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Discover the Abbeville Opera House

Amy Holtcamp Amy Holtcamp

When you visit the Abbeville Opera House, look up to the balcony level. There among the modern, red seats you will find a single, ancient-looking chair.

That chair is left there for the ghost of a young actress who, after falling ill and dying during a performance at the theater, haunts the opera house.

The tragic actress apparently isn't the theater's only spirit. It is rumored that the ghost of an African-American workman who died during the construction of the theater also haunts the backstage areas.

Whether or not you believe in ghosts, one thing is for certain: the beautifully restored Abbeville Opera House is a place where the past is alive.

In the early 1900s, Abbeville was a common stopover for theatrical road companies travelling from New York to Atlanta. With theater companies already spending the night in their town, the citizens of Abbeville got an idea. If they had a theater of their own, certainly the companies, who already stopped for the night in the town, could be enticed to perform.

In 1908 the citizens of Abbeville got their wish with the opening of the Abbeville Opera House.

For years, the theater thrived as a venue for touring productions of popular Broadway plays and musicals like The Ziegfeld Follies, Shakespeare, Vaudeville acts, minstrel shows and burlesque. Beginning in the 1920s, the opera house also became a popular venue for motion pictures, which eventually replaced live theater entirely on its stage. The Abbeville Opera House continued as a movie theater until the 1950s, when the accessibility of television caused the death of many of the nation's movie houses.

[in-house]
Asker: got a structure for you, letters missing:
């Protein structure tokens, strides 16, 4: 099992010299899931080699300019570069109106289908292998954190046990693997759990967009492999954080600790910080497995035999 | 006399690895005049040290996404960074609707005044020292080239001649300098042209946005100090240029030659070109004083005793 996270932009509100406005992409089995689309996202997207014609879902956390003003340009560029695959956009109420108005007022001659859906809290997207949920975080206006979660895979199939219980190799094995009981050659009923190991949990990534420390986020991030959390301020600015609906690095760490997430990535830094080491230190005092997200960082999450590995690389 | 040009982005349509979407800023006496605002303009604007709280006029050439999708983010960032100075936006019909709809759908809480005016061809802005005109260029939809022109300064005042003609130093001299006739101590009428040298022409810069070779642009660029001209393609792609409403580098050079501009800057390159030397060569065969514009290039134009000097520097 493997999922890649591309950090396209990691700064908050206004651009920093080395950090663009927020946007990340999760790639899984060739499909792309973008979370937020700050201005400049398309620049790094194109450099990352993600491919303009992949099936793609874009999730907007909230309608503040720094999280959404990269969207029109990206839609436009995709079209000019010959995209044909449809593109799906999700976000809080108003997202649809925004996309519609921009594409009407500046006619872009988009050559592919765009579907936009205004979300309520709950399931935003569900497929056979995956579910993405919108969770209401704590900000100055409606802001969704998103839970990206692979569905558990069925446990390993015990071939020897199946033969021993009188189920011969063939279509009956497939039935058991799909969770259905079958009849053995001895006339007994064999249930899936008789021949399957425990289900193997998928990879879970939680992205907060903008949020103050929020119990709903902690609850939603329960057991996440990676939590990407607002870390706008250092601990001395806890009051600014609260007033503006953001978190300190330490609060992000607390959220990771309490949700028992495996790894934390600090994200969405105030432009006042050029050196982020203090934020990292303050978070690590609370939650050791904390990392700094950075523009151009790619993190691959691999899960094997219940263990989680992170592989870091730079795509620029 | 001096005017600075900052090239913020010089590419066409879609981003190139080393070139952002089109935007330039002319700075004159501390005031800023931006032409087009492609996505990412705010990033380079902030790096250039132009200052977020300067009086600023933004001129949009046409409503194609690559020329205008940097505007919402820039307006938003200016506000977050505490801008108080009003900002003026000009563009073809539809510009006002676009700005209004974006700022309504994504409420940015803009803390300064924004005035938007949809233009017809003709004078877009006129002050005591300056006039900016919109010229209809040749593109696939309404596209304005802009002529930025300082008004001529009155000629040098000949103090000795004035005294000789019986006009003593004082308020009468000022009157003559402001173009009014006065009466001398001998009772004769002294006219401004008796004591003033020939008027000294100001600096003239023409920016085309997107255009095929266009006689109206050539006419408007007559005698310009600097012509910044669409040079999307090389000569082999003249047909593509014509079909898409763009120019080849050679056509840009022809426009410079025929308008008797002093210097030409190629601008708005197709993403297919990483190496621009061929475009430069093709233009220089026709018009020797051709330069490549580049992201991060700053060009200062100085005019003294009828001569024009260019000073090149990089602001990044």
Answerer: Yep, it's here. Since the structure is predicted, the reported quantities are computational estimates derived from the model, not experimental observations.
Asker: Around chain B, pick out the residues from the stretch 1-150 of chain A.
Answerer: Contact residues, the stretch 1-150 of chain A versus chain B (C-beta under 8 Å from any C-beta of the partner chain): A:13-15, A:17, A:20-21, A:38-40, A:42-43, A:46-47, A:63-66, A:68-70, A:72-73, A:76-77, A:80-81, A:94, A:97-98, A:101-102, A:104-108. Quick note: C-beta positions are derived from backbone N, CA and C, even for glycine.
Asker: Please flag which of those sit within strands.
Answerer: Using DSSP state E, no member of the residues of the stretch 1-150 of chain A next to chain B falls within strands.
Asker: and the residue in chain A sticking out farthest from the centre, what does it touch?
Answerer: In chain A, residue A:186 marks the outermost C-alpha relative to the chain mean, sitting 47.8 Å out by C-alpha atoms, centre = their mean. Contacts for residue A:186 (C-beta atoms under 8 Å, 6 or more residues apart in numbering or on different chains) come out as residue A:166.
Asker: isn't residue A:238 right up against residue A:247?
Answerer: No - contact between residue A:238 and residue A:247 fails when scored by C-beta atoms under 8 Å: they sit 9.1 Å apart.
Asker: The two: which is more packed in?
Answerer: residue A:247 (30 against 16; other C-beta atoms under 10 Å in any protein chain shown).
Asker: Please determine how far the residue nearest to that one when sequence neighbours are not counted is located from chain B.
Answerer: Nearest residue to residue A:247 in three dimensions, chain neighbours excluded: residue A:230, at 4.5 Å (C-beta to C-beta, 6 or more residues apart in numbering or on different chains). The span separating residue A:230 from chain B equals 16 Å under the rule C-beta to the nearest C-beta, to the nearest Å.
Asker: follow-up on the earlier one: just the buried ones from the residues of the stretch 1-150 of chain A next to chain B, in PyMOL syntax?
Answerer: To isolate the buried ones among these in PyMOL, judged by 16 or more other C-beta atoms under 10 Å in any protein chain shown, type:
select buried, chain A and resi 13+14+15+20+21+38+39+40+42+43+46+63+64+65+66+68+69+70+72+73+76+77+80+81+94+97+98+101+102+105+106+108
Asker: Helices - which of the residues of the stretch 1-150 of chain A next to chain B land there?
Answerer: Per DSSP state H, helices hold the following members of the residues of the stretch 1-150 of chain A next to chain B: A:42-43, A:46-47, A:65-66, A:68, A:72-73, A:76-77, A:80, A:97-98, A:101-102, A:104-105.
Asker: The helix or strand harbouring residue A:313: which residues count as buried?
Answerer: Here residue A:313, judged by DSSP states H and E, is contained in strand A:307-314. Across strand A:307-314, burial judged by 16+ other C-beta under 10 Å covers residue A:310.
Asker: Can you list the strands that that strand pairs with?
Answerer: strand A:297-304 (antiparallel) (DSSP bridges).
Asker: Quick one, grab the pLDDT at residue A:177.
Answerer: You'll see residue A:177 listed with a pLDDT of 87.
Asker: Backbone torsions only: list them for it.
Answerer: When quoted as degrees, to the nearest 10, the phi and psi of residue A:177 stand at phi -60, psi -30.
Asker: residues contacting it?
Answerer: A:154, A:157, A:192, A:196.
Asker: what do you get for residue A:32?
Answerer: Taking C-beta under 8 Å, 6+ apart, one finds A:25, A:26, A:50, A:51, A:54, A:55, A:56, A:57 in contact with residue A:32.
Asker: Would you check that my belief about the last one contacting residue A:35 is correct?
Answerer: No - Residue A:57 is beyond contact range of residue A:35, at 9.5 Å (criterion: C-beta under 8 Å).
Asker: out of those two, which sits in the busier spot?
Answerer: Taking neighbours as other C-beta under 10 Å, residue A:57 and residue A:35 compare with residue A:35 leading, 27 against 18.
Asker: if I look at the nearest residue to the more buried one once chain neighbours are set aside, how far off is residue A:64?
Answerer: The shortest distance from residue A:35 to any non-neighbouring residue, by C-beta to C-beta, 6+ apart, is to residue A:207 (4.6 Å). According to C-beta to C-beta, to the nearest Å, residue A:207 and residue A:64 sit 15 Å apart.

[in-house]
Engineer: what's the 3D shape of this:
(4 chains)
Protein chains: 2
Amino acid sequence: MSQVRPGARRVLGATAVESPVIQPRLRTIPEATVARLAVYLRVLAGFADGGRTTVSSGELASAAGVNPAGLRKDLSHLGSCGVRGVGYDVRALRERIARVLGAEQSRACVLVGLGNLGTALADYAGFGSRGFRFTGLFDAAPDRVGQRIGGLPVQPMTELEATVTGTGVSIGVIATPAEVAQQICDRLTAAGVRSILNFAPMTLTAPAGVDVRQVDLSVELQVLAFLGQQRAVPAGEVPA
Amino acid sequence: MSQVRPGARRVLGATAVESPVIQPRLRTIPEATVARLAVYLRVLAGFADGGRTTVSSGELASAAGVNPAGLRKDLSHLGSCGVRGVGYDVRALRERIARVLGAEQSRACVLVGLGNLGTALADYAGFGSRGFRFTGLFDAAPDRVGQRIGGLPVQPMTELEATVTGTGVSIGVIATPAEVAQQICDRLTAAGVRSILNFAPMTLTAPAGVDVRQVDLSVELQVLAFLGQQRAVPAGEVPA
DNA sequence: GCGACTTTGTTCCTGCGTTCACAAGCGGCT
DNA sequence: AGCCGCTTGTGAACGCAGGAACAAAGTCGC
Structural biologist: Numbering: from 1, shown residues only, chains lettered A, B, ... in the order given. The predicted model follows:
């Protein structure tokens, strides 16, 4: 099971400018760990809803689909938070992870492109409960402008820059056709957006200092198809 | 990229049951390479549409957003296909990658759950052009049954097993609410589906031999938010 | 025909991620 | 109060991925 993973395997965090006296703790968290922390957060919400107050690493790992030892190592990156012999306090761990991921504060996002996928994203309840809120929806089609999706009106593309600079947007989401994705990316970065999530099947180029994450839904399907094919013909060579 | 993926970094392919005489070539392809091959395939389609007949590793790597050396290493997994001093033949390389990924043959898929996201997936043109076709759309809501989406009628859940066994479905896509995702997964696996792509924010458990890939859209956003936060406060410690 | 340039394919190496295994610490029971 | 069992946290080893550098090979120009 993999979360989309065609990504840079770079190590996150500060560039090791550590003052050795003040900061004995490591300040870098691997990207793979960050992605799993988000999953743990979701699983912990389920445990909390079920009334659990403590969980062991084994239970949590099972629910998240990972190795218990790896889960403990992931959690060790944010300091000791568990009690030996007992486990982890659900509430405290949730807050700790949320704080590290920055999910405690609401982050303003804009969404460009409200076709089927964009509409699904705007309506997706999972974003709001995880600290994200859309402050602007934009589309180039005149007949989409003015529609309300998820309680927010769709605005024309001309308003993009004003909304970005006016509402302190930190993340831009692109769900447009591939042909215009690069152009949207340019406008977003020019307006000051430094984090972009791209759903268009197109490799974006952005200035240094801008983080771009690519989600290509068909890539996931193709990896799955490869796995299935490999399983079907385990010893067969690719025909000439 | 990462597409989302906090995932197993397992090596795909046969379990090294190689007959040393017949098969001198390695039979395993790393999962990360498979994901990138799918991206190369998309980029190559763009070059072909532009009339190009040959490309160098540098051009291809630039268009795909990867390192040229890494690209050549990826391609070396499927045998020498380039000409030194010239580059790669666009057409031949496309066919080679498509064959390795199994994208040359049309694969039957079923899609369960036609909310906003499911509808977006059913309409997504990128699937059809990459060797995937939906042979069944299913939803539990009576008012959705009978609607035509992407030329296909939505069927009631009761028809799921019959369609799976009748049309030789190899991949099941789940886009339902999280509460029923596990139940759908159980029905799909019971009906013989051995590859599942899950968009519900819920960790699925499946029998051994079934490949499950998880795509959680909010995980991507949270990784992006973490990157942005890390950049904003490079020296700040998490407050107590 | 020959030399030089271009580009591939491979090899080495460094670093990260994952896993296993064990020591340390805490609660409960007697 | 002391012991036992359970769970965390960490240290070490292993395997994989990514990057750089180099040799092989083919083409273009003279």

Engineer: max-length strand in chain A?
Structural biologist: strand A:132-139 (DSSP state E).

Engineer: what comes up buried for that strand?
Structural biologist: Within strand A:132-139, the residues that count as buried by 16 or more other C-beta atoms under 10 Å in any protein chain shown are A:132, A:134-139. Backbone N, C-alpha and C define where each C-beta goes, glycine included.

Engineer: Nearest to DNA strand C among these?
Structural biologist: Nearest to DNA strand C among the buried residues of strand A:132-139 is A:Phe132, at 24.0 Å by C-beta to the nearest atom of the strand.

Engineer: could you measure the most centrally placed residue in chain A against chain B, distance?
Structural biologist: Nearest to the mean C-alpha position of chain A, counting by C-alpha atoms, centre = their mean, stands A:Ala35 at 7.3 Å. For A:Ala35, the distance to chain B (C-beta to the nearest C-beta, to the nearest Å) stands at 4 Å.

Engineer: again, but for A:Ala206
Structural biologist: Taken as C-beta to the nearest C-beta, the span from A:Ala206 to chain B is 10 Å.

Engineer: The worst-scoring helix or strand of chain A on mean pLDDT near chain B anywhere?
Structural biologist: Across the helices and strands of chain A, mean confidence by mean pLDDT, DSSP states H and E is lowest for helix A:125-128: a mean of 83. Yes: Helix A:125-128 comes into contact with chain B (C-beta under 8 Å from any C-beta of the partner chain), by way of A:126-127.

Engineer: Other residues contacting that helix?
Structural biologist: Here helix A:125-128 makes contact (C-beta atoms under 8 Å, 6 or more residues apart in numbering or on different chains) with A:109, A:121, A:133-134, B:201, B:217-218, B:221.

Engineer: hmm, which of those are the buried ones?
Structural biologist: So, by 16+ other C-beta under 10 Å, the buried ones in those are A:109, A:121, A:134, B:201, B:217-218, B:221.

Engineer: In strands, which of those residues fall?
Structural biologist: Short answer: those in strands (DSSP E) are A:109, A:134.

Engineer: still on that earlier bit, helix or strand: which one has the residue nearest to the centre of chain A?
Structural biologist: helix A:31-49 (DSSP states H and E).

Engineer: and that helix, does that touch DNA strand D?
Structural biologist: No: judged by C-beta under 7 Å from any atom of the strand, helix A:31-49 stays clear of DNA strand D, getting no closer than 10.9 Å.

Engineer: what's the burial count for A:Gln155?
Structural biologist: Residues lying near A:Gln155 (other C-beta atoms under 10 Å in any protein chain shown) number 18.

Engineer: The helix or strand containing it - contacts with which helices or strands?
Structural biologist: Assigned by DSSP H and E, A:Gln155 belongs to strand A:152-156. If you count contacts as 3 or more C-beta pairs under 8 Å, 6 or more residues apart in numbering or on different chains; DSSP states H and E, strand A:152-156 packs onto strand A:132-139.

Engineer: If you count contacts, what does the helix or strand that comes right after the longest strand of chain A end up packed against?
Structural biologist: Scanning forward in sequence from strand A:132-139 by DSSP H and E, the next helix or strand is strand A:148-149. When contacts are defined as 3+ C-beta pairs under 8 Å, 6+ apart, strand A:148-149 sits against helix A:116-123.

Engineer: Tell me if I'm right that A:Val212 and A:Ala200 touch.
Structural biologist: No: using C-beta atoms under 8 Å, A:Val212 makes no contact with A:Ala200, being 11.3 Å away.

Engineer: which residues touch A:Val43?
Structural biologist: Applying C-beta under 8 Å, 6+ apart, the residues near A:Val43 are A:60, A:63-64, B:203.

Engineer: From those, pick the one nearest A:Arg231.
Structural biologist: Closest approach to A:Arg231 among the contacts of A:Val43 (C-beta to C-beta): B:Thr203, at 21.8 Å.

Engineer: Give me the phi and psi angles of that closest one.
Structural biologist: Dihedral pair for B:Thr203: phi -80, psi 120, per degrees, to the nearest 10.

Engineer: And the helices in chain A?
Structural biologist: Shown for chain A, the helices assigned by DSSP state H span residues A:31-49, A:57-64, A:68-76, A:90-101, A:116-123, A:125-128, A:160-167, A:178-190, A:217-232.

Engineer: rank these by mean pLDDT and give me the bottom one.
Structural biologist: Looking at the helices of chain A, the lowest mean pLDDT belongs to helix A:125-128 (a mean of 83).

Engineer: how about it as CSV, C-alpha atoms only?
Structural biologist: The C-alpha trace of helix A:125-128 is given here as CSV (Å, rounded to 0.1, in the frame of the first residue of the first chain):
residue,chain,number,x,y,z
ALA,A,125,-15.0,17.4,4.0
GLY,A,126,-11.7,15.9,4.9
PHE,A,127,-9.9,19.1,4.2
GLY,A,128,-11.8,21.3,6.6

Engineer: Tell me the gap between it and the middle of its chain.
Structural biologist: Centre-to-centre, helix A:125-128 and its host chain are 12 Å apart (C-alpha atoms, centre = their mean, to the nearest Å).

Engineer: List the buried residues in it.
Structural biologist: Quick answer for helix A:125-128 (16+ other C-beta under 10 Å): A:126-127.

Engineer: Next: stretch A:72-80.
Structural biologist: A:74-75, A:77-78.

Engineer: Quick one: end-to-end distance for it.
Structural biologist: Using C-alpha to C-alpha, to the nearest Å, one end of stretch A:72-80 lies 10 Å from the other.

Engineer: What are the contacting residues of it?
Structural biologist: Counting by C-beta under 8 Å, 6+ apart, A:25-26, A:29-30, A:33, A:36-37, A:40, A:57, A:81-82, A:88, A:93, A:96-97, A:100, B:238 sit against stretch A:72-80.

The space sat largely unused until the late 1960s, when a local community theater group began a campaign to restore and renovate the opera house to be used for its original purpose: presenting live theater. Today the opera house has been restored in full 1900s style; the only modern changes to the theater's design are the addition of more comfortable seats and the installation of air-conditioning.

Stop by Abbeville and take a look at this magnificent theater or, better yet, see a show there. The Abbeville Opera House boasts both summer and winter seasons. This August the opera house will present Man of Constant Sorrow, based on the lives of Ralph and Carter Stanley. You might be familiar with their Grammy Award-winning bluegrass songs that were featured in the movie Oh Brother, Where Art Thou?

For more information on the Abbeville Opera House or to buy tickets to a play there visit

Amy Holtcamp
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